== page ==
The Obama administration is debating whether it can extend its counter-terrorism program to target newer al-Qaida offshoots, U.S. officials said.
The Authorization for Use of Military Force, a joint resolution passed by Congress three days after the Sept. 11, 2001, terror strikes against the United States, has been the legal bases for U.S. counter-terrorism operations against al-Qaida, including drone campaigns in Pakistan and Yemen that have killed thousands of people.
However, U.S. officials said administration lawyers have become more concerned that the law is being stretched to its legal limit as new threats are emerging in countries such as Syria, Libya and Mali, The Washington Post reported Wednesday.
"The farther we get away from 9/11 and what this legislation was initially focused upon," a senior administration official said, "we can see [not only] from both a theoretical but also a practical standpoint that groups that have arisen or morphed become more difficult to fit in."
The law's relevance is "requiring a whole policy and legal look," the official told the Post.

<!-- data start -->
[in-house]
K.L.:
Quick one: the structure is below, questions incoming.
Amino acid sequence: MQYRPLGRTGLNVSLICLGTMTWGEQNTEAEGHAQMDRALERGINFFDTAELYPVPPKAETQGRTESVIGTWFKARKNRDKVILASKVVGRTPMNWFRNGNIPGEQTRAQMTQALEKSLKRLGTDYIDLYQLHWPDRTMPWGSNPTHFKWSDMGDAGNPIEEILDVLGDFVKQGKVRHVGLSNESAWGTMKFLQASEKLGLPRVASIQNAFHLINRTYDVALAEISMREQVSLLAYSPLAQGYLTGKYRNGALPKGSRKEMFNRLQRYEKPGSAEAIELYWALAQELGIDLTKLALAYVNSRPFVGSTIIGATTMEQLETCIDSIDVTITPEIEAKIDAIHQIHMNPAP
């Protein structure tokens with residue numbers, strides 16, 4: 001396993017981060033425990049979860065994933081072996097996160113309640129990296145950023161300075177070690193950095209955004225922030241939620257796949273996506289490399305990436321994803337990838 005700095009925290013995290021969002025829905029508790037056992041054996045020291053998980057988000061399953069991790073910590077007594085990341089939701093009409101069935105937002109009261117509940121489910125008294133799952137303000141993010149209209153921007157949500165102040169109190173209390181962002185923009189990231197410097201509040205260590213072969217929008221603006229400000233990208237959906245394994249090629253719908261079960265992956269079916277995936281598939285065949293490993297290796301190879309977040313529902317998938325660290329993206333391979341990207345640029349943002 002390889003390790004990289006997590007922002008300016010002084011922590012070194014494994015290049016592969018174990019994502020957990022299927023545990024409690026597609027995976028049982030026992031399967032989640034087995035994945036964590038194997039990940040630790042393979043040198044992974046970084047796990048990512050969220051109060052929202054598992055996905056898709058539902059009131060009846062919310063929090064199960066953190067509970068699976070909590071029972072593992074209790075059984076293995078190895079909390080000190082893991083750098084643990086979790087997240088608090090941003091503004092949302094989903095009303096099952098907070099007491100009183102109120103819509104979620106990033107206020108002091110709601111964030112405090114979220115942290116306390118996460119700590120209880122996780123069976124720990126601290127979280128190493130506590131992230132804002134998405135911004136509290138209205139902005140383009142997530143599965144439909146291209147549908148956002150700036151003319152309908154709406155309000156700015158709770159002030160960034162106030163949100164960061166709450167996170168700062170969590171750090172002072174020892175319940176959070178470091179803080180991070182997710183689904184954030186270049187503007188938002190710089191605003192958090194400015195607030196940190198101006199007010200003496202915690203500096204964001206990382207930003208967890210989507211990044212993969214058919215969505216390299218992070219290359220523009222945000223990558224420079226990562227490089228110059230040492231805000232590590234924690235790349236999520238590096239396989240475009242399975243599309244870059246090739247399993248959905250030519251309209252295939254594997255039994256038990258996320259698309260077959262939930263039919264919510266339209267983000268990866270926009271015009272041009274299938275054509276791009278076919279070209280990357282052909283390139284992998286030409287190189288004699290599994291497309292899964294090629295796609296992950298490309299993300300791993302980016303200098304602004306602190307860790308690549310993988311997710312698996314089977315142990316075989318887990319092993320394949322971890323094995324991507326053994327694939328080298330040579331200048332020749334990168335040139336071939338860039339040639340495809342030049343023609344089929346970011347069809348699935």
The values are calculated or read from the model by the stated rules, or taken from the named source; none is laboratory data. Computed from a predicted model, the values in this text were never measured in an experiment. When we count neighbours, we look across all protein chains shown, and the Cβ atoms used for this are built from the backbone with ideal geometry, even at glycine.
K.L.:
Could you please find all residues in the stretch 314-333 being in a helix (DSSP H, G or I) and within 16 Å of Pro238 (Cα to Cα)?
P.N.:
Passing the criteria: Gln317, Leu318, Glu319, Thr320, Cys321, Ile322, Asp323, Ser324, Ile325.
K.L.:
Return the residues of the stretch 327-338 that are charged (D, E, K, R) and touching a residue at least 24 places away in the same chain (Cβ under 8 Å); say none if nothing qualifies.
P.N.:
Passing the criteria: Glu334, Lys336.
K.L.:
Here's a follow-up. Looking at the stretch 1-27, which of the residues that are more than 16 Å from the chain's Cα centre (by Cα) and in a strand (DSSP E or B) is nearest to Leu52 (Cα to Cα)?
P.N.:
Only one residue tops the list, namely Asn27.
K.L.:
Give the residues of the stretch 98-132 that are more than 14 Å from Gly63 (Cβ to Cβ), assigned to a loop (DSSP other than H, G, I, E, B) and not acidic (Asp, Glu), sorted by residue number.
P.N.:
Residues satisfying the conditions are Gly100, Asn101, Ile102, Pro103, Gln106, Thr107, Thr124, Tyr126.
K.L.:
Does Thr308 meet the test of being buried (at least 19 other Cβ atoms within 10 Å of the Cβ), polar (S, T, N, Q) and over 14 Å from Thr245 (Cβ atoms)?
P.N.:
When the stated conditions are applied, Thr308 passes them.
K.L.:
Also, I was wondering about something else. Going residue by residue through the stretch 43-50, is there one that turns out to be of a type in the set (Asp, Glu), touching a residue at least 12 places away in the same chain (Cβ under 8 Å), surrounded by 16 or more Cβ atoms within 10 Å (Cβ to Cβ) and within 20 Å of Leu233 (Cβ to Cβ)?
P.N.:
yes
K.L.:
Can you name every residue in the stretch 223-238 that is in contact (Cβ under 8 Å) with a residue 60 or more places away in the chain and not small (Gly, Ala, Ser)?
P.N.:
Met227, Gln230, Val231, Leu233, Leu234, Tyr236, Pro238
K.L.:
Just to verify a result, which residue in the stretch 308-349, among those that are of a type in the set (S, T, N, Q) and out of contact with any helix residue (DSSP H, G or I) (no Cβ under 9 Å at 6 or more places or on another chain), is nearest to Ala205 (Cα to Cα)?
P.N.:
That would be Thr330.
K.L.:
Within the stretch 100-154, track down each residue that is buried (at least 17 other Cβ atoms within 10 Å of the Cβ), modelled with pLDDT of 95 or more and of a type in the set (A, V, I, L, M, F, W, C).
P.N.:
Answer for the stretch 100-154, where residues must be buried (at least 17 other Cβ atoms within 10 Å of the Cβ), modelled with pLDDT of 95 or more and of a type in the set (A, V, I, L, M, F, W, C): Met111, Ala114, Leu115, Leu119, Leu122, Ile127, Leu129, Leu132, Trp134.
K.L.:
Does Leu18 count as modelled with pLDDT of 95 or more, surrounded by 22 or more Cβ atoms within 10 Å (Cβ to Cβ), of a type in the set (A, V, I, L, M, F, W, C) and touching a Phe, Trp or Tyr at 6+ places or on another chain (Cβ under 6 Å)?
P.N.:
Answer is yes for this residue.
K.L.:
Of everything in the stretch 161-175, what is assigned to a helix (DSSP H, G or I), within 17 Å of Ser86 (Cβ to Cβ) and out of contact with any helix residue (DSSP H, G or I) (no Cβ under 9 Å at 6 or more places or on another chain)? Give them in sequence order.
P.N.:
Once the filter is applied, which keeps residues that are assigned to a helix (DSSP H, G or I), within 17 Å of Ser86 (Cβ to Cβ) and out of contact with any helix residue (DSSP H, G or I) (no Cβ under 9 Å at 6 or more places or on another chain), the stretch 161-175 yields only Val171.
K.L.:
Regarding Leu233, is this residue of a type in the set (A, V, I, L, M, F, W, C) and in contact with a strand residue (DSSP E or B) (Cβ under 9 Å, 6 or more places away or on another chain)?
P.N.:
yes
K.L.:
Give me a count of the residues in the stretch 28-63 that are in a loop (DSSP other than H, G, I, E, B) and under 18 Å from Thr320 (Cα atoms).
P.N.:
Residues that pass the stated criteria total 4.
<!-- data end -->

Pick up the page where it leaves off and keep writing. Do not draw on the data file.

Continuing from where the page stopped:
Federal courts have expanded the law to apply to "associated forces" of al-Qaida. Officials said legal advisers at the White House, the State and Defense departments and intelligence agencies now are debating whether the law can be expanded again to include "associates of associates," the Post said.
The debate was sparked by emergence of groups in North Africa and the Middle East that may have parts of al-Qaida's agenda but don't have meaningful ties to its leadership, the Post said. Among them are the al-Nusra Front in Syria and Ansar al-Sharia, which was tied to the Sept. 11 attack on a the U.S. Consulate in Benghazi, Libya, in which Ambassador Christopher Stevens and three other U.S. diplomatic employees died.
Administration officials said they could be forced to seek new legal protection if the president decides strikes are necessary against groups without direct links to al-Qaida. Some outside legal experts said that step is more than probable because the authorization is at the limit of its intended scope.
"You can't end the war if you keep adding people to the enemy who are not actually part of the original enemy," one participant in the administration's deliberations told the Post.